Larger Owner-Occupied Properties to Qualify for SBA Programs
September 22, 2010
With last week's passage of the Senate version of what's been dubbed the Small Business Jobs Act, it appears a lot more taxpayer capital will soon be on the way to help fund small-balance commercial mortgages - mostly those secured by owner-occupied properties.
Enthusiastically welcomed by capital-challenged small business lenders and credit-starved borrowers, the Act expands and enhances Small Business Administration lending programs, while also establishing a $30 billion community bank lending fund and strategically cutting small business taxes with an eye toward jobs creation.
The bill more formally known as HR 5297 now returns to the House of Representatives, which passed its similar version three months ago. The general expectation is that the Senate version will pass in the House shortly. President Obama is itching to sign the final bill.
According to the president of a major SBA lender group, more than 100 small business trade associations support the Act. "Nearly every major small business trade group supports it," relates Tony Wilkinson, president of the National Association of Government Guaranteed Lenders.
Nevertheless only two Republicans ultimately voted for the Senate version.
A key component of the Act is that is would allow larger businesses, and larger properties, to qualify for the SBA's signature 7(a) and 504 taxpayer-guaranteed lending programs.
Businesses with tangible net worths of up to $15 million could qualify on an interim basis, nearly doubling the current $8.5 million. And the maximum average net income over the previous two years would likewise rise from $3 million to $5 million.
Meanwhile SBA officials would look to set permanent size standards for 7(a) and 504 borrowers based on net worth and net income - representing a shift from standards based on employees or average annual receipts. Maximum loan sizes would also rise.
"The legislation's SBA loan program incentives will allow community banks to expand lending to deserving small business borrowers," Independent Community Bankers of America president/CEO Camden R. Fine wrote to leaders of the Senate and its Committee on Small Business and Entrepreneurship.
The legislation would permanently raise the maximum loan size in the SBA 7(a) program to $5 million from $2 million. And for one year from the date it is enacted, it would raise the maximum loan size of the 7(a) Express program to $1 million from $350,000.
And it would at least temporarily retain the stimulus-related boost in the SBA-guaranteed portion of 7(a) loans, i.e., up to 90 percent of principal from the standard 75 (this temporary hike had mostly expired in May).
As NAGGL members know so well, floating-rate 7(a) loans, typically secured by real estate (and personally guaranteed by business owners), help small businesses finance or refinance facilities and equipment at taxpayer-subsidized, below-market interest rates.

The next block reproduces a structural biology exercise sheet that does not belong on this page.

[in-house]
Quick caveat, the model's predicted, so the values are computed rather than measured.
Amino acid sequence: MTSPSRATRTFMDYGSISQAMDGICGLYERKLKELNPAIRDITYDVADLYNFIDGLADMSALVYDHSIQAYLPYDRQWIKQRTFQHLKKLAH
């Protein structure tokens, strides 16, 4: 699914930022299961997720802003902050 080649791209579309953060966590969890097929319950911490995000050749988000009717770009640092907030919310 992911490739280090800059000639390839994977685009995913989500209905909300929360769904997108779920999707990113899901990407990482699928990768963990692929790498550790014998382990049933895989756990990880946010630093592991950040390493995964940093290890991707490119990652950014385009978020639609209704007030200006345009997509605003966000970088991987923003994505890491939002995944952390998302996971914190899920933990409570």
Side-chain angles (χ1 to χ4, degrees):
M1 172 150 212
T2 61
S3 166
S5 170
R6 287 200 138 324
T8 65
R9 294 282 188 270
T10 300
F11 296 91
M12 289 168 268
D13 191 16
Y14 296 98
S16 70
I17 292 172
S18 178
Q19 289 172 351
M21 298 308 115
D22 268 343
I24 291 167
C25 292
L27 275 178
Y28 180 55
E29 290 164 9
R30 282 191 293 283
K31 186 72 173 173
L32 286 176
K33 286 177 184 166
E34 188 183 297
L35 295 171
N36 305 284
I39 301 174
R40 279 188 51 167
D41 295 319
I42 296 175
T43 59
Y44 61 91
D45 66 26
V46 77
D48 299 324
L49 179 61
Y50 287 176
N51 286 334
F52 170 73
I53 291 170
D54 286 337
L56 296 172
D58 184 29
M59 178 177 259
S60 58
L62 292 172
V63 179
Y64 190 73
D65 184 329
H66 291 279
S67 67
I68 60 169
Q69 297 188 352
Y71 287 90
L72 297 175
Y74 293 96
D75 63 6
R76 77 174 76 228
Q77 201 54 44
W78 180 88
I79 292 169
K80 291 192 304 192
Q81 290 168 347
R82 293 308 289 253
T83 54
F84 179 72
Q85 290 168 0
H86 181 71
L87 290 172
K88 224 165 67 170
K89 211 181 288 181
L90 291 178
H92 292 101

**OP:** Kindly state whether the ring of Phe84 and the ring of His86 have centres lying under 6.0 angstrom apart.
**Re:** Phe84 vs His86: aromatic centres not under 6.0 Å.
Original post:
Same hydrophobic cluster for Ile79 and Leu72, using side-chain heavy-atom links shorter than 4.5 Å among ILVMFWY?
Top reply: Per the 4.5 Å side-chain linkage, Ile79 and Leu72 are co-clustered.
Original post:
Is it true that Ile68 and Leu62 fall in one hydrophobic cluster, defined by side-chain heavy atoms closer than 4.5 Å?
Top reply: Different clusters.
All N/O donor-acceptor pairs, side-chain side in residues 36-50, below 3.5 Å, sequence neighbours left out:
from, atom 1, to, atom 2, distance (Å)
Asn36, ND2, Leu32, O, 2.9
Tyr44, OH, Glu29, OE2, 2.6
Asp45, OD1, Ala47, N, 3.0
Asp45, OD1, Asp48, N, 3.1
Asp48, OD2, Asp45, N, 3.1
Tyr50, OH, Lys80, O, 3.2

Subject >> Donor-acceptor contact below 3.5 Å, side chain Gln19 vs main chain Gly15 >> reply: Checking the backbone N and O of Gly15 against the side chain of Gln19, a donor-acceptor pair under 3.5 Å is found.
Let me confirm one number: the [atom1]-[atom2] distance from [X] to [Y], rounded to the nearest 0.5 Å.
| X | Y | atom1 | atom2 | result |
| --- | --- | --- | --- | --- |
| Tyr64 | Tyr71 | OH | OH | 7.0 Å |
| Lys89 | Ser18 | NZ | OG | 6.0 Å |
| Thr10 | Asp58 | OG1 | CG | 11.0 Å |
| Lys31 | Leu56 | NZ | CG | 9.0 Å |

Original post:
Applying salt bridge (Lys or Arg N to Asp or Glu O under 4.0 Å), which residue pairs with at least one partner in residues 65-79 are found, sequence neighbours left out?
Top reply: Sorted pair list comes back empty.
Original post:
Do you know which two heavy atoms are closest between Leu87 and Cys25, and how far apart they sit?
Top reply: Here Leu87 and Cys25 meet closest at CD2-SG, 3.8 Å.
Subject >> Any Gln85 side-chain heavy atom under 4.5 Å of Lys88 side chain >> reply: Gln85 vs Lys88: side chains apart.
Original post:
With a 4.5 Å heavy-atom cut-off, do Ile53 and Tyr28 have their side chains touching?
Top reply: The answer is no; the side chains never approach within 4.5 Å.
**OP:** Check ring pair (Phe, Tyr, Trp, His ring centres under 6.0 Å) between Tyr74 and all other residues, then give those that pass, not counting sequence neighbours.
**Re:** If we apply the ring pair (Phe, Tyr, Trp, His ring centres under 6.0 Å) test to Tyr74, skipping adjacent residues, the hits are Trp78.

Veteran SBA lender John King, founder of Green Commercial Capital in Roswell, Ga., notes on his small business finance blog that the increase of the guarantee level to 90 percent has helped boost borrower demand for these loans while incentivizing banks to make more of them. Compared to the 75 percent level, lenders get higher secondary market prices for 7(a) loans, are better protected, and need less capital to make new loans.
As for the fixed-rate 504 program, a key provision of HR 5297 temporarily (for two years from enactment) allows small business owners to use proceeds to refinance maturing mortgages on their owner-occupied properties. Previously 504 loan proceeds could only be used to purchase or improve real estate.
With so much commercial mortgage debt scheduled to mature over the coming few years, the expectation is that many small business owners will leap at the opportunity to refinance with high-leverage, low-cost 504 loans. This program is structured on a 50-40-10 basis, i.e., a bank funds a real estate-secured loan at 50 percent of capitalization, a specialty lender provides the SBA-guaranteed 40 percent tranche, and the borrower puts 10 percent down.
The Act would also permanently raise maximum SBA-guaranteed 504 loan sizes from a range of $1.5 million to $4 million, up to a range of $5 million to $5.5 million.
Another mechanism for pushing SBA, and other property-secured and related small business lending created through the Act, is the $30 billion Small Business Lending Fund.
In simple terms, the U.S. Treasury would infuse capital into banks with assets of less than $10 billion, and receive a dividend rate that declines in proportion to the institution's increase in small business lending in the near-term.
"The Tier 1 capital banks receive can be leveraged to provide as much as $300 billion of new credit to small business," according to ICBA's Fine.
HR 5297 also establishes an additional $1.5 billion fund allowing for grants to assist state and local government programs that funnel capital into businesses.
The measure also offers various tax breaks for small businesses, said to be valued at $12 billion, that would presumably further boost borrower demand. Among other benefits these include excluding business investments from capital gains liabilities; allowing more of these expenses to be expensed; and extending first-year "bonus depreciation" write-offs of equipment expenditures and now some real property investments as well.
Wilkinson is predictably encouraged that the multiple tax relief measures will generate more small business investment and hiring. "I think they're all going to be helpful."